LIFE CYCLE ASSESSMENT AS A LEADERSHIP TOOL / NEW PRODUCT DEVELOPMENT

Xanthe Matychak, Saunders College of Business, RIT. October 2010

xanthe.matychak@rit.edu

An online version of this handout can be found at: http://bit.ly/ab4DB7

Creative Commons Attribution-NonCommercial-NoDerivs 3.0 Unported License

Life Cycle Assessment (LCA) is a framework from the sustainability* literature** that helps us understand the social, environmental, and economic outcomes of products, services, and systems. It can be used by leaders to understand and improve the sustainability portfolio of their organization through developing new products, services, and systems or by retrofitting old ones. I argue that improving the sustainability portfolio of an organization is not only a responsible thing to do, but it can also increase the organization’s creativity and innovation portfolio.

*What is the difference between environmentalism and sustainability?

Environmentalism examines the impact of man-made systems on the environment.

Sustainability is a much broader concept. It examines the impact of man-made systems on the environment, economy, and society at large.

LCA has 7 analytical components. Each phase has an effect on society, the environment, and the economy.

  1. DESIGN. This is the phase in which new products, services, and systems are invented. Every decision that is made in the design phase has an impact on all of the phases in LCA
  2. PRE-PRODUCTION. This phase assesses raw materials, natural resources extraction, and the energy used to prepare raw materials for manufacturing.
  3. MANUFACTURING. This phase assesses the impacts associated with manufacturing processes, not just on the environment, but on the laborers and other stakeholders in the community.
  4. DISTRIBUTION. This phase assesses the shipping “costs” involved with getting products to market. It also looks at the sales model.
  5. USE. This phase assesses the impact of energy and resources used by the user (or consumer) once a product is in their hands.
  6. DURABILITY. Durability of a product is best understood by assessing the relationship between two factors:
  1. How long a product is used
  2. How long it lasts
  1. END-OF-LIFE. This phase assess what happens to a product once it is no longer in use.

EXAMPLES from industry of each LCA phase.

  1. DESIGN. As mentioned earlier, design is embedded in all of the phases of LCA Therefore, it pertains to all of the following examples.
  2. PRE-PRODUCTION. Patagonia, the sports-gear manufacturer and retailer, is known for responsible sourcing of materials. They even make their process transparent with an online visualization called “The Footprint Chronicles.”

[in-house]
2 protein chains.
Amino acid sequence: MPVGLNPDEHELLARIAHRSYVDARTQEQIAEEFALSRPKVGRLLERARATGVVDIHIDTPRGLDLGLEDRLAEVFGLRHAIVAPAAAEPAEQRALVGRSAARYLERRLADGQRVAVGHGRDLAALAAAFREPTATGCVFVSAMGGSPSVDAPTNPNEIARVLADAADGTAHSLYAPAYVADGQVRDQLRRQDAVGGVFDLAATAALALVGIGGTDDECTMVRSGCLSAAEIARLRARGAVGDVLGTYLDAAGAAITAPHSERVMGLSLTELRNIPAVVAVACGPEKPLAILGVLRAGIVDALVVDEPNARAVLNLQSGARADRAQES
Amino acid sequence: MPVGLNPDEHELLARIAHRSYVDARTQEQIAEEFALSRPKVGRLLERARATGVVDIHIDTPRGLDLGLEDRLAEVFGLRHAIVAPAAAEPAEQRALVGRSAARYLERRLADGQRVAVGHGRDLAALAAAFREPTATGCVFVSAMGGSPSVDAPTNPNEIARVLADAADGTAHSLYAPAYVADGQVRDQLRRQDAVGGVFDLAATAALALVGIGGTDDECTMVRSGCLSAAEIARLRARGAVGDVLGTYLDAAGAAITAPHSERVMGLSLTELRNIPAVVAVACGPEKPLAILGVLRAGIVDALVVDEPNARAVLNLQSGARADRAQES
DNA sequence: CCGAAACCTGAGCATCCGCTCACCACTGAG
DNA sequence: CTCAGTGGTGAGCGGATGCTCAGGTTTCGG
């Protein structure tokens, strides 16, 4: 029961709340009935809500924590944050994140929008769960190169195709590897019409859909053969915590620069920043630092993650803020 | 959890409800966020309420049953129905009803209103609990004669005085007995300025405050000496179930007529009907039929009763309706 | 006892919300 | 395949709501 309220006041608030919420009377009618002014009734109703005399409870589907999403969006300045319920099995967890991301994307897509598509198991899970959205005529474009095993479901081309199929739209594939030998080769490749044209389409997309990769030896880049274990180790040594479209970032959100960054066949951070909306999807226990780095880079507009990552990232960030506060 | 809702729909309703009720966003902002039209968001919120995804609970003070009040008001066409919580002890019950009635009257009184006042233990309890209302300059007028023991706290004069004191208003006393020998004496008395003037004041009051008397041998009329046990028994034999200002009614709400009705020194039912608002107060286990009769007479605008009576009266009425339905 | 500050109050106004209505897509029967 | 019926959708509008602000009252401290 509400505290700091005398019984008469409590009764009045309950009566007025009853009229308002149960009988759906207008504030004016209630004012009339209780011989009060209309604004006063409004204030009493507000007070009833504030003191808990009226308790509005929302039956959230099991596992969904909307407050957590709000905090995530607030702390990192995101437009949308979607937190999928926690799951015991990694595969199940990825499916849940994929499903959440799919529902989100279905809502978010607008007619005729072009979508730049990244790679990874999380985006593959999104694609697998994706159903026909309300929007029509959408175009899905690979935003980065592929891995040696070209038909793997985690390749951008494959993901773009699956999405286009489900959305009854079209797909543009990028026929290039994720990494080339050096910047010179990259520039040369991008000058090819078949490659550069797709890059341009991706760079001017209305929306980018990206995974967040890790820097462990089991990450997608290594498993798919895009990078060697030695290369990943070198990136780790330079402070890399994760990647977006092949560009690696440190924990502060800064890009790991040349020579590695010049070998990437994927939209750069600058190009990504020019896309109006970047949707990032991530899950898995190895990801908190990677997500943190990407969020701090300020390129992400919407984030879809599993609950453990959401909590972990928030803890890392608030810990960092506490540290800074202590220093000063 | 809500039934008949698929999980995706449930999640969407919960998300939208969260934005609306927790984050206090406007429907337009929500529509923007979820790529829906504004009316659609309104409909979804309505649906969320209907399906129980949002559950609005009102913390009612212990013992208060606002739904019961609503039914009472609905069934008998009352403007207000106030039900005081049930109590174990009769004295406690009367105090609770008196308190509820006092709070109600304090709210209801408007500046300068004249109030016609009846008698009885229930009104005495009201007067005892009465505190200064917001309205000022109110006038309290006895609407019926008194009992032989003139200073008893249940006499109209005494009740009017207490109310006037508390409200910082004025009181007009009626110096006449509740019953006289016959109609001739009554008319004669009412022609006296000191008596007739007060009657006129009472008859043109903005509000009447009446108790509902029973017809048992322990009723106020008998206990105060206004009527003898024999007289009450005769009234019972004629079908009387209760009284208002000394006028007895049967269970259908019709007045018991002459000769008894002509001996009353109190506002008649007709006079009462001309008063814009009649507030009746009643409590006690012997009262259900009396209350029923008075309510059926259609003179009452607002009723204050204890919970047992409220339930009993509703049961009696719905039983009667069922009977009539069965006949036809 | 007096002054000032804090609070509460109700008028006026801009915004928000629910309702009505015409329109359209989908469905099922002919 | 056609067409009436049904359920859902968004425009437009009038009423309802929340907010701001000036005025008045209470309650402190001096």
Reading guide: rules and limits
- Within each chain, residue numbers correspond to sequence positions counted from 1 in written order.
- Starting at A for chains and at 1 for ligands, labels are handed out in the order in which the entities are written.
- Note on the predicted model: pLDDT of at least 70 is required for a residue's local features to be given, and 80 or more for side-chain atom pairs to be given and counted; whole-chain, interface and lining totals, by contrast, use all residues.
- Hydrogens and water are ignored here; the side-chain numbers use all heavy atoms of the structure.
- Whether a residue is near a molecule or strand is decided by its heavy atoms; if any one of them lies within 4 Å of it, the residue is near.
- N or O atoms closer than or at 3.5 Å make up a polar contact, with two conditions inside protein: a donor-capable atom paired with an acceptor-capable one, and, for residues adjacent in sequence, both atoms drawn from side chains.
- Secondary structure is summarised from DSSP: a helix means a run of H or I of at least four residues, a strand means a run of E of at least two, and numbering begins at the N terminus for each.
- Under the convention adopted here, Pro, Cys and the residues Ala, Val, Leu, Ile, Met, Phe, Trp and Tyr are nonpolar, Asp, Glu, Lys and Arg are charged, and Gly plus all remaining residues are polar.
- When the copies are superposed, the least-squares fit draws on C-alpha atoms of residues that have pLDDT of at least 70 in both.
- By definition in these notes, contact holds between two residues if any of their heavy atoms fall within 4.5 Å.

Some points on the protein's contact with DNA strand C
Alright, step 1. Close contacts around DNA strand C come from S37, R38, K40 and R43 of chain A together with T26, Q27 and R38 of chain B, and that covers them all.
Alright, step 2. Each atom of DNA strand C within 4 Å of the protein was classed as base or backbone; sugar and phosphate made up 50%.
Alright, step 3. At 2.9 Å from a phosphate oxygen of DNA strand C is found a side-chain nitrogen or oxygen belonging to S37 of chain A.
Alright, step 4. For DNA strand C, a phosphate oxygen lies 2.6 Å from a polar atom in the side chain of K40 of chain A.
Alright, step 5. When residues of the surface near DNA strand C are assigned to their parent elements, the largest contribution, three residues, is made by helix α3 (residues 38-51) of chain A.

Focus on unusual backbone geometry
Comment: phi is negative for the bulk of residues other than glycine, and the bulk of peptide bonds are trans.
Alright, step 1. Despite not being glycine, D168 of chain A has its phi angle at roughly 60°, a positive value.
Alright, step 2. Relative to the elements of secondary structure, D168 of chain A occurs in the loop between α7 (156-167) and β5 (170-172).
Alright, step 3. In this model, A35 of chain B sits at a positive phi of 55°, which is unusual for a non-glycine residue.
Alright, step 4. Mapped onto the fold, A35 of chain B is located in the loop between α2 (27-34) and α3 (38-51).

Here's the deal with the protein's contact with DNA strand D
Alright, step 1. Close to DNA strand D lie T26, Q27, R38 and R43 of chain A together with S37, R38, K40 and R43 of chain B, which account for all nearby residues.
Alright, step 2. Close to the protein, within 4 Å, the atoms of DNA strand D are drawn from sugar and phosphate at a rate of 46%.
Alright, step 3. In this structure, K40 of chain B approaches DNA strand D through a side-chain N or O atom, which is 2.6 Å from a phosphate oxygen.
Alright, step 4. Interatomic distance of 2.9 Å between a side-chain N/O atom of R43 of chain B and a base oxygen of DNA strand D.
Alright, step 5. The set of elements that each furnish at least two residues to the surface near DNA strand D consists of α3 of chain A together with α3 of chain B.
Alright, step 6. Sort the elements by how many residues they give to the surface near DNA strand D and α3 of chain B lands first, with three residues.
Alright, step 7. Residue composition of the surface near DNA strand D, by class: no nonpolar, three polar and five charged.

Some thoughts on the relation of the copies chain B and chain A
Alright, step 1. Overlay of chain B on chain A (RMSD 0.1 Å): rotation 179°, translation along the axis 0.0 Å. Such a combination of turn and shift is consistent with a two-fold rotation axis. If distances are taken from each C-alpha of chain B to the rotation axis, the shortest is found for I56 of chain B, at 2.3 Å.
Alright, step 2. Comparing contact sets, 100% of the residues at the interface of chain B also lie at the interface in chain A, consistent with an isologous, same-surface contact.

3. MANUFACTURING. This is not a mega firm, but CraftedSystems has a very interesting labor model. Instead of outsourcing assembly of their products overseas, they work with women from the YWCA in Seattle to assemble their products. American Apparel is a larger organization that chooses to manufacture their products locally to providing jobs for people in their community.
  4. DISTRIBUTION. From a shipping perspective a  concentrated product, concentrated laundry soap for e.g., significantly reduces the shipping costs associated with that product. From a sales perspective, Ooja Stove for e.g., is a low cost cooking stove that was designed specifically to create sales jobs for community locals. This model minimizes shipping costs and creates jobs.  
  5. USE. Any Five Star appliance has been built to minimize the amount of energy or resources needed to run the machine. Washing machines that use low energy and minimal water, for e.g., have been designed with the use phase in mind.
  6. DURABILITY. Because it’s used so briefly, picnic-ware made from biodegradable materials has a much more appropriate durability than its plastic counterparts, which can last up to 5,000 years in a landfill after its brief use.
  7. END-OF-LIFE. Xerox employs a design method called “design for disassembly” which means that their parts are designed in such a way that they can easily be replaced when a copy machine breaks and thus, have cut down the amount of raw materials and manufacturing needed to keep their machines going.

EXERCISE. Use the form provided to brainstorm with your group on how you can improve the sustainability portfolio of your organization. Try to think of this tool not only as a way to help your organization be more responsible, but to be more creative for its numerous other benefits. And it’s fun!

Your organization: ______________________ (choose from the five listed on the board)

What type of product or service does your organization specialize in? ______________________________________________________________________________

Team members: ______________________, ______________________, ______________________, ______________________, ______________________

Use the following components of LCA to brainstorm on ideas for  new products or services for your organization.

**There are several LCA frameworks available. The one used here evolved from the LCA framework offered in The Okala EcoDesign Guide

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"For whose benefit and at whose expense should the firm be managed?"

-R. Edward Freeman, A Stakeholder Theory of the Modern Corporation